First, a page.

Book Review: Blackcoat Rebellion #3 – Queen

Title: Queen
Author: Aimee Carter
Year of Publication: 2015
Series: The Blackcoat Rebellion
#: 3
Goodreads Rating (Avg.): 3.97
Goodreads Rating (Mine): 2

I Spoil Everything

queen aimee carter

Plot Description: The Blackcoat Rebellion continues with its characteristic incompetence and worthlessness. Boredom, predictability and frustration ensues.

Previously on “The Blackcoat Rebellion…”

We saw a seventeen year old girl co-opted into two different sets of conspiracy and forced to help maintain as well as overthrow the existing government. Kitty Doe is put through cosmetic surgery to turn her into the doppelganger of Lila Hart, niece to Prime Minister Daxton Hart and member of the ruling Hart family. The real Lila Hart, it would appear, has been murdered by the Prime Minister and his mother to keep her from spreading further treason. Kitty meets the leaders of this treasonous revolution, the “Blackcoats” Celia Hart and Knox Creed – and agrees to continue Lila’s treasonous speeches. She also attempts to assassinate Daxton and fails – in the process discovering that Daxton was long dead, and an imposter named Victor Mercer had taken his place. As a result, Kitty is stripped of her rank and thrown into the vast and brutal prison known as Elsewhere. She then helps the inhabitants of Elsewhere revolt, joining forces with part of the Blackcoat rebels’ army. Oh, and they realize the original Lila Hart was alive and well.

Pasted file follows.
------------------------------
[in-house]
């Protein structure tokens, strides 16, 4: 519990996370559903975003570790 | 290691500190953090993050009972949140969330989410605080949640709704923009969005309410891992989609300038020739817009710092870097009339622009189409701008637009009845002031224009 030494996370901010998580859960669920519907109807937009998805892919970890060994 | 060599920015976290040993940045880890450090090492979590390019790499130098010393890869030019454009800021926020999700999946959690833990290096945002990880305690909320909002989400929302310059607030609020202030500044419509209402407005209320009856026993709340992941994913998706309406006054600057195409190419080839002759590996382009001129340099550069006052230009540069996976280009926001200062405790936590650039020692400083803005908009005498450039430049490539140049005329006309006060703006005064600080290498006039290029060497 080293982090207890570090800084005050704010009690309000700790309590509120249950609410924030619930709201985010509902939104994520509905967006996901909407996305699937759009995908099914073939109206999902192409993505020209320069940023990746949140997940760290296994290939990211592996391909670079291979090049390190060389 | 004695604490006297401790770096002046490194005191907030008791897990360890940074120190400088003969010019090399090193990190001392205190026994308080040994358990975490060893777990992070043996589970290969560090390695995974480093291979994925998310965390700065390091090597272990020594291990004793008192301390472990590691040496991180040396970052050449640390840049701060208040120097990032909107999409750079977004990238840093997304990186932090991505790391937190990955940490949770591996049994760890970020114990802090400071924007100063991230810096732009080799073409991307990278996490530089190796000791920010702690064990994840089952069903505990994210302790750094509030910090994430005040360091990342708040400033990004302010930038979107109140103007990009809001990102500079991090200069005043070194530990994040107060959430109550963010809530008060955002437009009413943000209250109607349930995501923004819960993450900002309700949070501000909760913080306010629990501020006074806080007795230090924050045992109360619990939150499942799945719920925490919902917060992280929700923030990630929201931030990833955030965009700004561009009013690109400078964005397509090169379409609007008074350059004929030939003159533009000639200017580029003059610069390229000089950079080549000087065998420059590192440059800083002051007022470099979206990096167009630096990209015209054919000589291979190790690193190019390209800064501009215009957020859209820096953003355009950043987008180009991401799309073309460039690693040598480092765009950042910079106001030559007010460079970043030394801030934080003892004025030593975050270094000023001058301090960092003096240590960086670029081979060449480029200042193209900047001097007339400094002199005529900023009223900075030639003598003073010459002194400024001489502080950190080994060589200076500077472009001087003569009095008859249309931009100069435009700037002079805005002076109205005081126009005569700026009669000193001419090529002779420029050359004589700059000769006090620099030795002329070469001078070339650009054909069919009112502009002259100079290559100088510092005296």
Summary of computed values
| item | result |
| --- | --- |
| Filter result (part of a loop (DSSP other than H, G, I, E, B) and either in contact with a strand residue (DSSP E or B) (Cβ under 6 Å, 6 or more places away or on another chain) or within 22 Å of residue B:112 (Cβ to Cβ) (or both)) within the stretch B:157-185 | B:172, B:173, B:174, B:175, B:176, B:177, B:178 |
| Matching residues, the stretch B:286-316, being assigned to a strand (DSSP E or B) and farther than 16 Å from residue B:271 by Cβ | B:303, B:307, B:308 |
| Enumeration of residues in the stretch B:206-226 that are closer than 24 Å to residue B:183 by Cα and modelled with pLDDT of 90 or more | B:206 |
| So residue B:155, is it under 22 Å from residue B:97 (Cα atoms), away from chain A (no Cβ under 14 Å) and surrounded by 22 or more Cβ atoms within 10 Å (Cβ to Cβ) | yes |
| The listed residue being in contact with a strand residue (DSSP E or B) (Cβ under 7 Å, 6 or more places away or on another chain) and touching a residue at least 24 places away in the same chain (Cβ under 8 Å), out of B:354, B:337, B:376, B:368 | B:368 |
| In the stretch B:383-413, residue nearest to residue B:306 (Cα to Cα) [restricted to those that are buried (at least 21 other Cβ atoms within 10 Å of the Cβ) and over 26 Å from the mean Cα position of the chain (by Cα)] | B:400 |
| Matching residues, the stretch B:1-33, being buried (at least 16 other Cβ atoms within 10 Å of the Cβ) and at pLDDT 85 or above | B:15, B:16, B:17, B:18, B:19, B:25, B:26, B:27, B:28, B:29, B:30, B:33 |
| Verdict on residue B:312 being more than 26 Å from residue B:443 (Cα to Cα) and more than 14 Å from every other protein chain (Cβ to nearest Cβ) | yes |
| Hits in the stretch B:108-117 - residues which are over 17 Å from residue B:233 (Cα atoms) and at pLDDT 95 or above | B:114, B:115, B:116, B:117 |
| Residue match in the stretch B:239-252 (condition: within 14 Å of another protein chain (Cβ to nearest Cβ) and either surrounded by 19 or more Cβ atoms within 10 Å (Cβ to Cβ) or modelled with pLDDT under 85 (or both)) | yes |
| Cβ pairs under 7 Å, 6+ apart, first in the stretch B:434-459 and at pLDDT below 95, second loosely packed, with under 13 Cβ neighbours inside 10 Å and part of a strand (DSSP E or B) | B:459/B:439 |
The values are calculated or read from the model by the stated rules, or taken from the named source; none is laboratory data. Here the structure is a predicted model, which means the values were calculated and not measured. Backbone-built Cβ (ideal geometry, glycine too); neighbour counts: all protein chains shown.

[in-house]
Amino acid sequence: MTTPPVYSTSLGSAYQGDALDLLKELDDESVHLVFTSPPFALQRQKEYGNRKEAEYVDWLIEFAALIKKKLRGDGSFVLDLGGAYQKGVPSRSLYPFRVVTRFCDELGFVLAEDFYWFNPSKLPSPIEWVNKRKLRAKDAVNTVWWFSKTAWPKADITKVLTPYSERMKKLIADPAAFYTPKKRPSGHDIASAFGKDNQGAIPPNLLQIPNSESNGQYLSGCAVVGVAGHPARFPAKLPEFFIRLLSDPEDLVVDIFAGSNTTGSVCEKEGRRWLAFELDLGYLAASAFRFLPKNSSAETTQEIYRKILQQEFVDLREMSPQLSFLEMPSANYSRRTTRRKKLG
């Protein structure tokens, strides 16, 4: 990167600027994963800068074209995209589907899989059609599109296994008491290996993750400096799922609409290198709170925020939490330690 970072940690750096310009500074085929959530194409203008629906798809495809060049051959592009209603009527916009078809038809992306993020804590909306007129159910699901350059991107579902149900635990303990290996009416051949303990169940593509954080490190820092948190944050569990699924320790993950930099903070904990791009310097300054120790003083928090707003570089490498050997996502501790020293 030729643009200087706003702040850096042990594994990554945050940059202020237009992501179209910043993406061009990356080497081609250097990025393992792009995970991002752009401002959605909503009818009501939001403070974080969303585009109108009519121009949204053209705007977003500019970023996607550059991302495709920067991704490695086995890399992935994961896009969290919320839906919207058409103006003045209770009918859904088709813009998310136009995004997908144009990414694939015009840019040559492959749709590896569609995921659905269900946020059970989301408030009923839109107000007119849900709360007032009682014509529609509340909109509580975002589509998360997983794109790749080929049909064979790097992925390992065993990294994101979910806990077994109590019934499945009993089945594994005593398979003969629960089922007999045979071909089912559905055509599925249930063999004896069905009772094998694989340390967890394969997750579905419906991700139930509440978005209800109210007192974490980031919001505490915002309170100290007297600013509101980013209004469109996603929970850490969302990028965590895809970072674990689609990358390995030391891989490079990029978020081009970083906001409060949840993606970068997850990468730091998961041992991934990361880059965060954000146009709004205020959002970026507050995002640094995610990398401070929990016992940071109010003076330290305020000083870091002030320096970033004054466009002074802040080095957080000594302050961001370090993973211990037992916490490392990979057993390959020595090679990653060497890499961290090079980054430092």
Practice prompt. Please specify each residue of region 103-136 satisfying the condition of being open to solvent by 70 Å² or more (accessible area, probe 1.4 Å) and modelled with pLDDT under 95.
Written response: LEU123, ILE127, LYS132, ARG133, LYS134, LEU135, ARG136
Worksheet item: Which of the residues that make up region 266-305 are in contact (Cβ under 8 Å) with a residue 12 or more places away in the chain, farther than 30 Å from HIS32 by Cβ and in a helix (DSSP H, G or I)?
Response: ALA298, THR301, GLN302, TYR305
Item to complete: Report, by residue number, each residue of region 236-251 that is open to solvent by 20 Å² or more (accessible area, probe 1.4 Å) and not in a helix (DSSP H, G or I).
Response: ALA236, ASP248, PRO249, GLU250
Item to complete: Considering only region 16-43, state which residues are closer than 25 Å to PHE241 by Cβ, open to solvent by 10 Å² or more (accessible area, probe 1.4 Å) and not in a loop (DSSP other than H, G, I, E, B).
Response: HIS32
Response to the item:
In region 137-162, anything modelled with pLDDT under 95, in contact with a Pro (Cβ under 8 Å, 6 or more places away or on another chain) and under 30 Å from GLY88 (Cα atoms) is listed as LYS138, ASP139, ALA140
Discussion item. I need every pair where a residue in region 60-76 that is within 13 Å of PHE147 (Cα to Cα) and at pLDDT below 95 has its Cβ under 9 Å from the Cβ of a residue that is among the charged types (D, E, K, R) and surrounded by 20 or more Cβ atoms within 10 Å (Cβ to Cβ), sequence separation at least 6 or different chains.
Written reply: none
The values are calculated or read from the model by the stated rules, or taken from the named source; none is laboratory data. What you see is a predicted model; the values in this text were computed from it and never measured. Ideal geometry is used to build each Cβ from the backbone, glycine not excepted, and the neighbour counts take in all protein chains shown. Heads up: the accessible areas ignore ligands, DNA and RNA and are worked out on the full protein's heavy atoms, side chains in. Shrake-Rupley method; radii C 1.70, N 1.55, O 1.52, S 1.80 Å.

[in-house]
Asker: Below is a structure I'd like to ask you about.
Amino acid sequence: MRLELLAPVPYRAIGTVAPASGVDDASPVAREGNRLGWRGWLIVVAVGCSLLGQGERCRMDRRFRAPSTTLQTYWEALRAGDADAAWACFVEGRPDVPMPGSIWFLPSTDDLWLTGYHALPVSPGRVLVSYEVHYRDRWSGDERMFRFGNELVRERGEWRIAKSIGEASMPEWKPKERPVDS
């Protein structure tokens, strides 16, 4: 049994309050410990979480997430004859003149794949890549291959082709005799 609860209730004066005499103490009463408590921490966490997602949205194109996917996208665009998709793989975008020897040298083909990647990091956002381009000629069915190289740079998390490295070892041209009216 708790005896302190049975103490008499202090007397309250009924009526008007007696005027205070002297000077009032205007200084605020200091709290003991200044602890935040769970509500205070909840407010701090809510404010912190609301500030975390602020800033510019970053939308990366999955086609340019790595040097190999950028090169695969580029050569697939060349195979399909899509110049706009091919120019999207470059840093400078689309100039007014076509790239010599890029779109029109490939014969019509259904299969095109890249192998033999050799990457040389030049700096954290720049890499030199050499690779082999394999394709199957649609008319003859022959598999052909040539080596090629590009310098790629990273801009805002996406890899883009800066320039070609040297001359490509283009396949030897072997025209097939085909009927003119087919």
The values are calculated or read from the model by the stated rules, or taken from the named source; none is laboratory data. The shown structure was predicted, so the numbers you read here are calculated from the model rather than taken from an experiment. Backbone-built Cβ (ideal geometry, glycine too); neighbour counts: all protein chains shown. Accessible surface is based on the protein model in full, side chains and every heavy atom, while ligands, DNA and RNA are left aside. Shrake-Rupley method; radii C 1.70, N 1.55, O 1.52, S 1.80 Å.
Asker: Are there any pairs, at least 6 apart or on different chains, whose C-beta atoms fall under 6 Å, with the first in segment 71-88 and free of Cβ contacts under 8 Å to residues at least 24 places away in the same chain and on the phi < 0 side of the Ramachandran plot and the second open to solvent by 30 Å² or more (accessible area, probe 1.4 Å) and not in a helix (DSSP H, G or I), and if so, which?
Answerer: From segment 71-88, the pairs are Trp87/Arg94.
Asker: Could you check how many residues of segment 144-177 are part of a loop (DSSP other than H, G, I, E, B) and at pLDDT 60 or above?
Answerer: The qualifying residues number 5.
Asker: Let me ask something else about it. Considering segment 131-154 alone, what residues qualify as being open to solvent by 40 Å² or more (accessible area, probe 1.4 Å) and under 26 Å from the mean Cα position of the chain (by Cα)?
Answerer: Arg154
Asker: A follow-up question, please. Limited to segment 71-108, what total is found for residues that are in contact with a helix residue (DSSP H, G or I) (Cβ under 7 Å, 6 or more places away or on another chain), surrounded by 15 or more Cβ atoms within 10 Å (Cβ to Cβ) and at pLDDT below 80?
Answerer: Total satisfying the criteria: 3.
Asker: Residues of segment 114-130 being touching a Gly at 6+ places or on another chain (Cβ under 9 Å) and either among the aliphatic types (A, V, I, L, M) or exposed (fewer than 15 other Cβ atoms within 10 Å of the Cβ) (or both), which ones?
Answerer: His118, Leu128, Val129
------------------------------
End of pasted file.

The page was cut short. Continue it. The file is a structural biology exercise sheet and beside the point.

In my reviews of Pawn and Captive, I felt that the childish mentality of whiny teenagers felt completely out of place in a revolution, and Queen is no different. This might actually have been a great premise for a spoof novel – a bunch of brats trying to revolt – but unfortunately, The Blackcoat Rebellion takes itself very seriously.